Last night, FCG hosted a seminar together with INSEAD Professors and Programme Directors Ludo Van der Heyden and Peter Nathanial based on their extensive experience of corporate governance and crisis management, and a newly released paper on “A Crisis Management Blueprint for COVID-19” (read more about their findings on the link to your right). FCG Group CEO Kristian Bentzer and CEO of FCG Risk & Compliance Sweden Christine Ehnström set the stage on the Nordic financial sector, and shared their thoughts on how the pandemic has and will affect the financial industry as well as joining in on the closing Q&A session. FCG’s Alexander Schiander summarizes the webinar and some key takeaways:
The Covid-19 pandemic’s impact on society has undoubtedly been severe, and will continue to be so for quite some time, still. The pandemic’s impact on the financial industry (and society as a whole) might have some resemblance to the financial crisis in 08/09.
However, the different nature of this crisis entails that the “old” approaches and lessons learned on crisis management from the financial crisis in 08/09, might not be sufficient to solve this one.
The Nordic financial industry
The Nordic financial industry specifically was rather well prepared for Covid-19, financially. This is, among others, due to the improved capital and liquidity buffers, resulting from revised capital adequacy rules following the last crisis. Consequently, most Nordic banks enter the Covid-19 crisis very well capitalized, meaning that we have a substantial cushion to absorb losses, which also provides provides many firms with valuable time to react and respond appropriately.
However, it’s still a question mark when it comes to the financial industry’s preparedness to respond to a non-financial event like Covid-19, where large parts of society is locked down, and without anyone really knowing how long this will last. Even though most companies, and especially banks and other regulatory entities, already have (quite often good) business continuity plans in place, it is our experience that they mostly don’t fully, or at all, address a fast-moving, non-financial event like Covid-19.
We must, to a much higher degree than before, “expect the unexpected”, such as a pandemic as this one, and also plan for such events to occur with a higher frequency than we are used to. In such an ever-changing environment, the very crisis management process itself is more important than crisis management plans alone. Having a principles-based approach will help us tackle crises of varying types, enabling a swifter adaption and a more prompt reply.
In light of this, one might ask what this Covid-19 “crisis” is really all about: The virus itself, or the lack of government’s appropriate response and coordination?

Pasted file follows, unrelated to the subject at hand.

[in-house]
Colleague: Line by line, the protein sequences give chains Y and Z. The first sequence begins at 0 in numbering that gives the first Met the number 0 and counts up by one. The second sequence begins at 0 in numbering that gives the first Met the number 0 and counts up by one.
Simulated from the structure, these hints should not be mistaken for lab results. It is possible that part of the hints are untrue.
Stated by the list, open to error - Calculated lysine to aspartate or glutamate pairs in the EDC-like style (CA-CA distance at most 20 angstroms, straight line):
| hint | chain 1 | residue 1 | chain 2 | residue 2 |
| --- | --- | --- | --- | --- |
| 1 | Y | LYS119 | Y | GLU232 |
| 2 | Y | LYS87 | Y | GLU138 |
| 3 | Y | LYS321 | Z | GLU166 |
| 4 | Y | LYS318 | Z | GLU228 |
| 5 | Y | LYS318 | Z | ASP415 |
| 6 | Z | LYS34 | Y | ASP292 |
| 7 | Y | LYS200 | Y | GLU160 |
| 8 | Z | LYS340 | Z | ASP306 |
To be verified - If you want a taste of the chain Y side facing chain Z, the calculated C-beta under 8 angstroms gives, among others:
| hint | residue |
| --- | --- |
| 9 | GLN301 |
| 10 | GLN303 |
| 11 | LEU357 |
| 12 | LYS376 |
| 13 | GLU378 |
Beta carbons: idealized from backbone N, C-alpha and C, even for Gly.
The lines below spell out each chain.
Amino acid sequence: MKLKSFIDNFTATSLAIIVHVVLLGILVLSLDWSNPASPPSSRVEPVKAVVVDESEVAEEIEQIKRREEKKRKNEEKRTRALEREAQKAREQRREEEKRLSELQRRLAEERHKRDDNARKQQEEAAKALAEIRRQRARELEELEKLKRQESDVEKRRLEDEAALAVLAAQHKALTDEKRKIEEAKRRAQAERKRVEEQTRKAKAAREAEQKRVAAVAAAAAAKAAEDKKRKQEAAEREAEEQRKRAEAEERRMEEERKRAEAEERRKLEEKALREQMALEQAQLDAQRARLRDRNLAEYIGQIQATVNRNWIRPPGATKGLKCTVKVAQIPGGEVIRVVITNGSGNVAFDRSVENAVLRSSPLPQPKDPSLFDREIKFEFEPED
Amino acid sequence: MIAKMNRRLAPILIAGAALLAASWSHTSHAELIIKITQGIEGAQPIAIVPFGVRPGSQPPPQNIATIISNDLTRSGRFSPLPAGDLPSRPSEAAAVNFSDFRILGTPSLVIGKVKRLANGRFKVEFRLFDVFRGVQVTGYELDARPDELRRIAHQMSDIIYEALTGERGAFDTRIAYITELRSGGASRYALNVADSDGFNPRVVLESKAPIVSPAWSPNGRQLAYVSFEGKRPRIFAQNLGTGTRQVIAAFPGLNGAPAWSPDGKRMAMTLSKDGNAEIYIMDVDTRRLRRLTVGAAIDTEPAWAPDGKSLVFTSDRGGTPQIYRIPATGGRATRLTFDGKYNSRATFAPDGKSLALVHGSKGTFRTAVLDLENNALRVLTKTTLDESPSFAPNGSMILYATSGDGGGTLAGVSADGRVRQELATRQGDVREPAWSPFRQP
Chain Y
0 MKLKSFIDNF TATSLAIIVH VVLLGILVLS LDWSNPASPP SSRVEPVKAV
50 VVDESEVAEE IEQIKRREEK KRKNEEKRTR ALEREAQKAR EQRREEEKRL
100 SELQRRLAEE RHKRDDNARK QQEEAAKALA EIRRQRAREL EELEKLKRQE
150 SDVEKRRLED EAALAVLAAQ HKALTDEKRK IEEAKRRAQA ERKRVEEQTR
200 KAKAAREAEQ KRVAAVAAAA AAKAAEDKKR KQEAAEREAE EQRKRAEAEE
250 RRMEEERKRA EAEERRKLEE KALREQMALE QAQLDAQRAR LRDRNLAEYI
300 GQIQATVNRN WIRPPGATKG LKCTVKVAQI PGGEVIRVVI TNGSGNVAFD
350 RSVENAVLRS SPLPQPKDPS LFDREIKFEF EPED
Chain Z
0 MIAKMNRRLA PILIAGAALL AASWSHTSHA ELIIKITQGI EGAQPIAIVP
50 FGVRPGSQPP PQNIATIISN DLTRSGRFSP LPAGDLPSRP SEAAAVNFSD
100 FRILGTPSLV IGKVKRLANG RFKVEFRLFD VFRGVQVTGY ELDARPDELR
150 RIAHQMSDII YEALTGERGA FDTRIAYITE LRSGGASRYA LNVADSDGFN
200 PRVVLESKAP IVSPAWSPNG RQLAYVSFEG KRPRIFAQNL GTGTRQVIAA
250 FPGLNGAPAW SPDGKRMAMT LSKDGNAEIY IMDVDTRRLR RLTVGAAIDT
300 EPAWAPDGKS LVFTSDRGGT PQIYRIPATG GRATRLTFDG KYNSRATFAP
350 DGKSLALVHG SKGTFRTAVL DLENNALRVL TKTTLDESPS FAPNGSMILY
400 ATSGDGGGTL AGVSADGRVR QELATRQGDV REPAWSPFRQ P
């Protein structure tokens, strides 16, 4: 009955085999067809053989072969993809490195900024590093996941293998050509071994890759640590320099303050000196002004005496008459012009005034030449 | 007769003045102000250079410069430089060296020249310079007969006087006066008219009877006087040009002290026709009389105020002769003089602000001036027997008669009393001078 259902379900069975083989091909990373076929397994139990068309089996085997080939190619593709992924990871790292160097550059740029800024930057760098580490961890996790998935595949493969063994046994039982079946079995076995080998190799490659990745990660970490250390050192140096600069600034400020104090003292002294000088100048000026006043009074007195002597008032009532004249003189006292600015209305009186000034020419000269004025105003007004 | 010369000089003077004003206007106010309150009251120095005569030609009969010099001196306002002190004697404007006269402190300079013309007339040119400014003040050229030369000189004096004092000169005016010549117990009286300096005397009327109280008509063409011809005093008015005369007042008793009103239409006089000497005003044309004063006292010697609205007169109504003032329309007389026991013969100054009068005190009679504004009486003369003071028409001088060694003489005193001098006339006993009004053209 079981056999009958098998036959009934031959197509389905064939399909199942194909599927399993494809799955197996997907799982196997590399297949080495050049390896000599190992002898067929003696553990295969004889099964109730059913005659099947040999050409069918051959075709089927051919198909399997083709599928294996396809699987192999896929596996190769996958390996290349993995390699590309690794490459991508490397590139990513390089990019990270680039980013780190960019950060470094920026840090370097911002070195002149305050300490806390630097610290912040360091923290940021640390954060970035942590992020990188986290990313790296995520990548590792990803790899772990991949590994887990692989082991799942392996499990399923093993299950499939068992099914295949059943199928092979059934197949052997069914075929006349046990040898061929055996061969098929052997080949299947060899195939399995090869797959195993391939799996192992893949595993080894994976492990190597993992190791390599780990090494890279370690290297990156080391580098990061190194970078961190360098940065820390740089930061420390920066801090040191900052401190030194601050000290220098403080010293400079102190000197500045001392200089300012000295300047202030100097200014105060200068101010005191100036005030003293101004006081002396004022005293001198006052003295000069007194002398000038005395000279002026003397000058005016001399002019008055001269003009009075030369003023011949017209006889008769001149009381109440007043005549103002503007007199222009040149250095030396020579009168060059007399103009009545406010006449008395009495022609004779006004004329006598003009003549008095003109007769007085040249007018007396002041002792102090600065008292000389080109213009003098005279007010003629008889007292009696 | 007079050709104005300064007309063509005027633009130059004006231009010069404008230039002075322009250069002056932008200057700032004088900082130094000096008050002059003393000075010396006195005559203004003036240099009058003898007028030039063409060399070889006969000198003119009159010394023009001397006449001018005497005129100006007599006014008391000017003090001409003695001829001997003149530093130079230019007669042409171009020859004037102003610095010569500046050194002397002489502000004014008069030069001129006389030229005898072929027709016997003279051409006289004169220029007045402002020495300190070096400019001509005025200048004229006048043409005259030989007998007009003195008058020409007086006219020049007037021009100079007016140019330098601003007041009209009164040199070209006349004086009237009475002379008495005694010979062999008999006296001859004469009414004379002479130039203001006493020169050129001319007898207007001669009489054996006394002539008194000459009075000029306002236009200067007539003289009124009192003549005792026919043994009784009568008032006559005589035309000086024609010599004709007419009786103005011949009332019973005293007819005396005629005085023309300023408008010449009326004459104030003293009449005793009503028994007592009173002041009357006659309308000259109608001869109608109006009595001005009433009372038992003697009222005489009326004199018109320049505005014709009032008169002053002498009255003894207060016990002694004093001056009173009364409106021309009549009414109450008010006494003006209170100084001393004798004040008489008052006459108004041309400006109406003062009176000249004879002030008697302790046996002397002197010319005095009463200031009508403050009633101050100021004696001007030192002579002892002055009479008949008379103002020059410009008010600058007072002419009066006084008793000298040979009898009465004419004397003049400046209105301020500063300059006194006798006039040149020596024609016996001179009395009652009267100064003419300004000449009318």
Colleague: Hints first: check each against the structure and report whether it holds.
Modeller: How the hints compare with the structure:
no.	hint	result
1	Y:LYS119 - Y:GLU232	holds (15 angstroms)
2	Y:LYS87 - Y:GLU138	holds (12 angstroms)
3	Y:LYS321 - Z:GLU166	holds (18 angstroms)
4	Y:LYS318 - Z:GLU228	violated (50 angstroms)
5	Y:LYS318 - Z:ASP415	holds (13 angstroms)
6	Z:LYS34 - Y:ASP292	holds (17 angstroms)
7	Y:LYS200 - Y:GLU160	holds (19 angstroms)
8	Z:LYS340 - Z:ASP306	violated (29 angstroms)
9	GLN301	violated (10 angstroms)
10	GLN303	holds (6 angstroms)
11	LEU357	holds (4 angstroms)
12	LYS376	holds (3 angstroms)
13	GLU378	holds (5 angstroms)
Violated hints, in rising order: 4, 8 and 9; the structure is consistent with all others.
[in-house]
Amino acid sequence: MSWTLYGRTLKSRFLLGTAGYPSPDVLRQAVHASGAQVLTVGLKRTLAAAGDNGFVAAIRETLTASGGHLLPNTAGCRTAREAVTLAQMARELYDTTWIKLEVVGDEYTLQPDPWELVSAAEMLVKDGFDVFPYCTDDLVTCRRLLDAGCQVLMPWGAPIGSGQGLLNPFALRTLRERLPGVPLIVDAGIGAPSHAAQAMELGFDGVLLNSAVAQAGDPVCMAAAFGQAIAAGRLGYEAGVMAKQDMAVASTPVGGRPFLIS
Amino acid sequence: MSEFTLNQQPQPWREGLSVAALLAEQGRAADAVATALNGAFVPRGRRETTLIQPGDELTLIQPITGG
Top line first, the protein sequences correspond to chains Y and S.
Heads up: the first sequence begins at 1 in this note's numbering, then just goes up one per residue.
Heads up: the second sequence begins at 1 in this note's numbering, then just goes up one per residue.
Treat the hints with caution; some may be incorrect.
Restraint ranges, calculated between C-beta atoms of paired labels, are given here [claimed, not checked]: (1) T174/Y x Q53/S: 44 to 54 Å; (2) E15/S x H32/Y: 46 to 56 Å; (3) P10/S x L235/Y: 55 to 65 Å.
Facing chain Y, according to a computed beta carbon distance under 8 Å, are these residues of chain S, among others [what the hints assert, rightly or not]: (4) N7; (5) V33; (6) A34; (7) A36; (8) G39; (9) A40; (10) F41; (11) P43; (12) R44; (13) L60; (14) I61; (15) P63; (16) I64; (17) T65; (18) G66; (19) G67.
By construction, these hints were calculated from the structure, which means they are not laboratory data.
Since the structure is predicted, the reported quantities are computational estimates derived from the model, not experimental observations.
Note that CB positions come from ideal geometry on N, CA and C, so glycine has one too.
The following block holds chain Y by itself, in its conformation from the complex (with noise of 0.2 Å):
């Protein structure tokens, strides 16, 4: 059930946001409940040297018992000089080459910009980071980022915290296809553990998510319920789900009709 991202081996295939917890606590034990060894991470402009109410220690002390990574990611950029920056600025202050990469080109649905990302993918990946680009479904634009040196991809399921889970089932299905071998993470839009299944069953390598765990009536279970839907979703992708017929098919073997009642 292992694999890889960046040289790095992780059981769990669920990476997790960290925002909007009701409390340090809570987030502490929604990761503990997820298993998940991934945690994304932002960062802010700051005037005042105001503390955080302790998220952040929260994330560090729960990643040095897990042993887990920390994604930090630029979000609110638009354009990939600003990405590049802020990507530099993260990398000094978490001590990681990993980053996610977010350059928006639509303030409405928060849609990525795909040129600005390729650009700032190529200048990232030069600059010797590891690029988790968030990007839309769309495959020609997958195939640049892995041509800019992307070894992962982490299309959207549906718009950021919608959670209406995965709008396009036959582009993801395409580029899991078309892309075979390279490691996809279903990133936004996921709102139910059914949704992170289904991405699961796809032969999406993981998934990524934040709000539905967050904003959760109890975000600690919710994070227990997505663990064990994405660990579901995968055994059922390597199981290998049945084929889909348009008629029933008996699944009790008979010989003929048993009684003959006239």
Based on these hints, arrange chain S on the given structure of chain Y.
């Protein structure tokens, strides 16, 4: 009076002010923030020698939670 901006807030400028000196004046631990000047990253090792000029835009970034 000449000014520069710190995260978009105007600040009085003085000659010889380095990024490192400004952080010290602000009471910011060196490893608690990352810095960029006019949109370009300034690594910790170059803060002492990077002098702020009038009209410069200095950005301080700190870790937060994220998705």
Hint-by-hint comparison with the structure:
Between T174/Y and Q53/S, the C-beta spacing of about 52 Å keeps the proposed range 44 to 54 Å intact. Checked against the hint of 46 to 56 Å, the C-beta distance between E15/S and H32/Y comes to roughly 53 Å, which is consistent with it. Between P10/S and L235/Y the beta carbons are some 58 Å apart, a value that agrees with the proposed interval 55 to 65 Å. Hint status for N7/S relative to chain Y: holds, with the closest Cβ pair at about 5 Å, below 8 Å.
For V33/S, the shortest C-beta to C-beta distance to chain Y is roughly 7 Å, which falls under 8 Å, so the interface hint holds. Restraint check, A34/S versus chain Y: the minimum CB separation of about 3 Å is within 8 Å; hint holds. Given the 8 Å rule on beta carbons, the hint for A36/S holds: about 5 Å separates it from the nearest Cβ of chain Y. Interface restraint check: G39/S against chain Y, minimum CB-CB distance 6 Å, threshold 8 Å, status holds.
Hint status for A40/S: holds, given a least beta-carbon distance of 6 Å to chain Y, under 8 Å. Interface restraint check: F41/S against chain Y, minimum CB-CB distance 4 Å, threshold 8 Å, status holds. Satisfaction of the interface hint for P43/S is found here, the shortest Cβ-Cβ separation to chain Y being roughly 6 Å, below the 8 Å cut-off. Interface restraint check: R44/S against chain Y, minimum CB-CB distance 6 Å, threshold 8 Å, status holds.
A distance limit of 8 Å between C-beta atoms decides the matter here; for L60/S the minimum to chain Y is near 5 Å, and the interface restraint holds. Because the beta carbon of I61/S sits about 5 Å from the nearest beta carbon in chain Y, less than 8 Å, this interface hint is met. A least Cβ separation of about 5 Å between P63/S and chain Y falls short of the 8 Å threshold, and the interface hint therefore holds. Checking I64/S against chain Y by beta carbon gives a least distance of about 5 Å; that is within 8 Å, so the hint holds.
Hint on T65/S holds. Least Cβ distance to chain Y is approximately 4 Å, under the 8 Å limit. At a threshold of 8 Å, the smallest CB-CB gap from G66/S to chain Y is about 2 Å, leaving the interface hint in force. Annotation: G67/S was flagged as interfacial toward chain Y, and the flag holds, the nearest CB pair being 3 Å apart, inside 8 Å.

In order to better deal with Covid-19, or any crisis for that matter, one should apply the following, intertwined, practical five steps- framework for crisis management:
Start with framing what the crisis is really all about, using knowledge and memory of past crises. Many Asian countries, having previously experienced virus outbreaks such as the SARS-virus, proved to be far more prepared for the Covid-19 pandemic than western countries. The western “notion” in the early stages that Covid-19 was a pandemic limited to Wuhan and China, and the lack of an early, proper framing of the crisis as a collective crisis, proved to be fatal.
Segmentation and triage is key: You can’t wait with acting until you have all the information you want. Determine what data you have access to, analyze, sort out “fake news” and real information, and take action.
Set your narrative through short, medium and long-term goals: Communicate your purpose, choose wisely how and when each goal is presented, and ensure that these are ligned to each other.
Make sure to be prepared to hit the “bottom”, and survive there- for a while. Show that you are resourced for contingencies. Also, make sure to have clear goals that you will actually be able to achieve, and show that you are making progress. This builds trust and credibility.
Admit mistakes and keep learning, and adapt to avoid a repetition of a similar crisis in the future. Conduct “pit stops”, making “stay or leave” decision when needed: Be clear on what is needed to survive the crisis, and what you might have to let go of.
In addition to the above, one should make sure to have a broad panel of experts available when a crisis occurs. This is important to ensure that the framing and further handling is correctly done from the very beginning. Also, it’s crucial to identify which business functions that will be heavy loaded during a crisis, at different stages, in order to ensure a proper resource planning and allocation.
Lastly, one thing is for sure: How we got into the Covid-19 crisis is definitely not the way we (want to) get out of it!
Thank you to Mr Van der Heyden and Mr Nathanial for an inspiring and interesting talk!